(6) Where a vehicle or unit of powered mobile equipment with an enclosed body is used to transport workers, an employer, contractor or supplier shall ensure that the exhaust outlet of the engine is located so that exhaust gases cannot enter the enclosed body.

Section 166 Ladders attached to extending boom

166. (1) An employer or contractor shall ensure that:

(a) subject to subsection (2), no worker is on a ladder that is attached as a permanent part of an extending boom on powered mobile equipment during any movement of the equipment, including extension or retraction of the boom;

(b) where outriggers are incorporated into powered mobile equipment, no worker climbs a ladder attached to an extending boom unless the outriggers are deployed; and

(c) no worker operates any powered mobile equipment equipped with an extending boom unless the powered mobile equipment is stable under all operating conditions.

(2) Clause (1)(a) does not apply to firefighting equipment.

Section 167 Forklifts

167. (1) An employer, contractor or supplier shall ensure that every forklift:

(a) is provided with a durable and clearly legible load rating chart that is readily available to the operator; and

(b) is equipped with a seat-belt for the operator if the forklift is equipped with a seat.

(2) An employer or contractor shall ensure that the operator of a forklift uses the seat-belt required by clause (1)(b).

Part XII Scaffolds, Aerial Devices, Elevating Work Platforms and Temporary Supporting Structures

Section 192 Aerial devices and elevating work platforms

192. (1) An employer or contractor shall ensure that:

(a) an aerial device, elevating work platform or personnel lifting unit is designed, constructed, erected, operated and maintained in accordance with an approved standard; or

(b) a professional engineer has certified that:

(i) an aerial device, elevating work platform or personnel lifting unit and its elevating system and mountings are safe for the purpose of raising workers and loads; and

(ii) the components of an aerial device, elevating work platform or personnel lifting unit and its elevating system and mountings are designed in accordance with an approved standard.

(2) An employer or contractor shall not require or permit a worker to be raised or lowered by any aerial device or elevating work platform or to work from a device or platform held in an elevated position unless:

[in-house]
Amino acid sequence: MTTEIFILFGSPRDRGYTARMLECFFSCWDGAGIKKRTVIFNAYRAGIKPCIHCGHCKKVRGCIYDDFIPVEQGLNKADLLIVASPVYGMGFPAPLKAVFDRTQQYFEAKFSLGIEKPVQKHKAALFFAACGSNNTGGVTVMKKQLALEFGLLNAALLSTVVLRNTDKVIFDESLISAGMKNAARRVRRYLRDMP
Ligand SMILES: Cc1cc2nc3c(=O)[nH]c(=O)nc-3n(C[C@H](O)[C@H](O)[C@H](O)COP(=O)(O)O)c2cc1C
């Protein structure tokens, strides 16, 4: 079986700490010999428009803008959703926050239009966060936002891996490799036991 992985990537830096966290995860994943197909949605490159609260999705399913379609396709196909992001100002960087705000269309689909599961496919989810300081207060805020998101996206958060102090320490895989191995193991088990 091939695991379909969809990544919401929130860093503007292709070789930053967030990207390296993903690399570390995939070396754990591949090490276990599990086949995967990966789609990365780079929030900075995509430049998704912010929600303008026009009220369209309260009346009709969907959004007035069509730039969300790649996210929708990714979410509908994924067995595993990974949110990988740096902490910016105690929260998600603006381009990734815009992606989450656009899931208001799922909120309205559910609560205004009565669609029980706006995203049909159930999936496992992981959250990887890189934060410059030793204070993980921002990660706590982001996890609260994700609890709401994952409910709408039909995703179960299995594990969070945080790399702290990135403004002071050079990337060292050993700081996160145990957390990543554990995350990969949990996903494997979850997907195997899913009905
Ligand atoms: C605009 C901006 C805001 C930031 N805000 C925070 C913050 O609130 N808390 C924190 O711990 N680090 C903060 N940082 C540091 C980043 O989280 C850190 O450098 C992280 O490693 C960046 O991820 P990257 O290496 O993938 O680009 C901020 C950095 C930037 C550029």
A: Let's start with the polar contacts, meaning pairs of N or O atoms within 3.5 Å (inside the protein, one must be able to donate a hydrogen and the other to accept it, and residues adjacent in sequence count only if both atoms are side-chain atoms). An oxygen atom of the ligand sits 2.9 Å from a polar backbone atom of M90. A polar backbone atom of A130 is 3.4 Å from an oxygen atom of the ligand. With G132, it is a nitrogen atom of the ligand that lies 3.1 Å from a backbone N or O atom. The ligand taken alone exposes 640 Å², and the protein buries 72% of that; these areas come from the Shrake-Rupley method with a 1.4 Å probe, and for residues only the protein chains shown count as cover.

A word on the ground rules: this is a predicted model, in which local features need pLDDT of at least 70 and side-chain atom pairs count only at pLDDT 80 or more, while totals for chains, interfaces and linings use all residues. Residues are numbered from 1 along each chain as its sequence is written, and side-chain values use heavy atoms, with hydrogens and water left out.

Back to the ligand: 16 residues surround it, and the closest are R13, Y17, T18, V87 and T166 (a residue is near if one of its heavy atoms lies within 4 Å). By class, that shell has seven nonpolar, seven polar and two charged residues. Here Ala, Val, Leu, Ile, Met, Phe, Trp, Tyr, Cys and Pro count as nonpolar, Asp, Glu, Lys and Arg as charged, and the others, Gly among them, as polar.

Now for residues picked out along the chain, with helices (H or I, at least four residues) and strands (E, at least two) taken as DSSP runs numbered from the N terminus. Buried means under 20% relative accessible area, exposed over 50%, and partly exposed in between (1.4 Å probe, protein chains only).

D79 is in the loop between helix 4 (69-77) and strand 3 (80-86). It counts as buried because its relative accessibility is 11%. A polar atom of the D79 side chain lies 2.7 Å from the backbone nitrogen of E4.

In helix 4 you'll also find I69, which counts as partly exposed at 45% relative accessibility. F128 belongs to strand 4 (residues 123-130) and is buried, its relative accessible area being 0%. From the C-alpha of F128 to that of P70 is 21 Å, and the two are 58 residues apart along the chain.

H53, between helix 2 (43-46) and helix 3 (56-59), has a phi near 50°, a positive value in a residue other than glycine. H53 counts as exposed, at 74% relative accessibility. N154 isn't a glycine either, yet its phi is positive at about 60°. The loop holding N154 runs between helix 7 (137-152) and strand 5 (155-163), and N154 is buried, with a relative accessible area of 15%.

(a) there is an adequate and suitable means of communication between the worker operating the controls and the worker raised on the platform, if they are not the same person;

(b) the elevating mechanism is designed so that, if any failure of the mechanism occurs, the platform will descend in a controlled manner so that no worker on the platform will be endangered;

(c) the controls are designed so that the platform will be moved only when direct pressure is applied to the controls;

(d) the drive mechanism of any operation for moving the platform is positive and does not rely on gravity;

(e) road traffic conditions, environmental conditions, overhead wires, cables and other obstructions do not create a danger to the worker;

(f) the brakes of the aerial device or elevating work platform are engaged, except when operated in accordance with manufacturer's recommendations;

(g) if the aerial device or elevating work platform is equipped with outriggers, the outriggers are set;

(h) pursuant to clause (i), the worker is provided with and is required to use a personal fall arrest system that meets the requirements of Part VII; and

(i) the aerial device or elevating work platform is equipped with a lanyard attachment point that is:

(i) designed and constructed to an approved standard; or

(ii) certified as safe by a professional engineer and installed and used in accordance with that design.

(3) Notwithstanding any other provision in this section but subject to section 465, an employer or contractor shall not require or permit a worker working on an exposed energized high voltage electrical conductor to work from an aerial device or elevating work platform unless the controls are operated by the worker on the device or platform.

(4) Where a worker leaves an aerial device or elevating work platform parked or unattended, an employer or contractor shall ensure that the device or platform:

(a) is locked or rendered inoperative; or

(b) is fully lowered and retracted with all hydraulic systems in the neutral position or incapable of operating by moving the controls.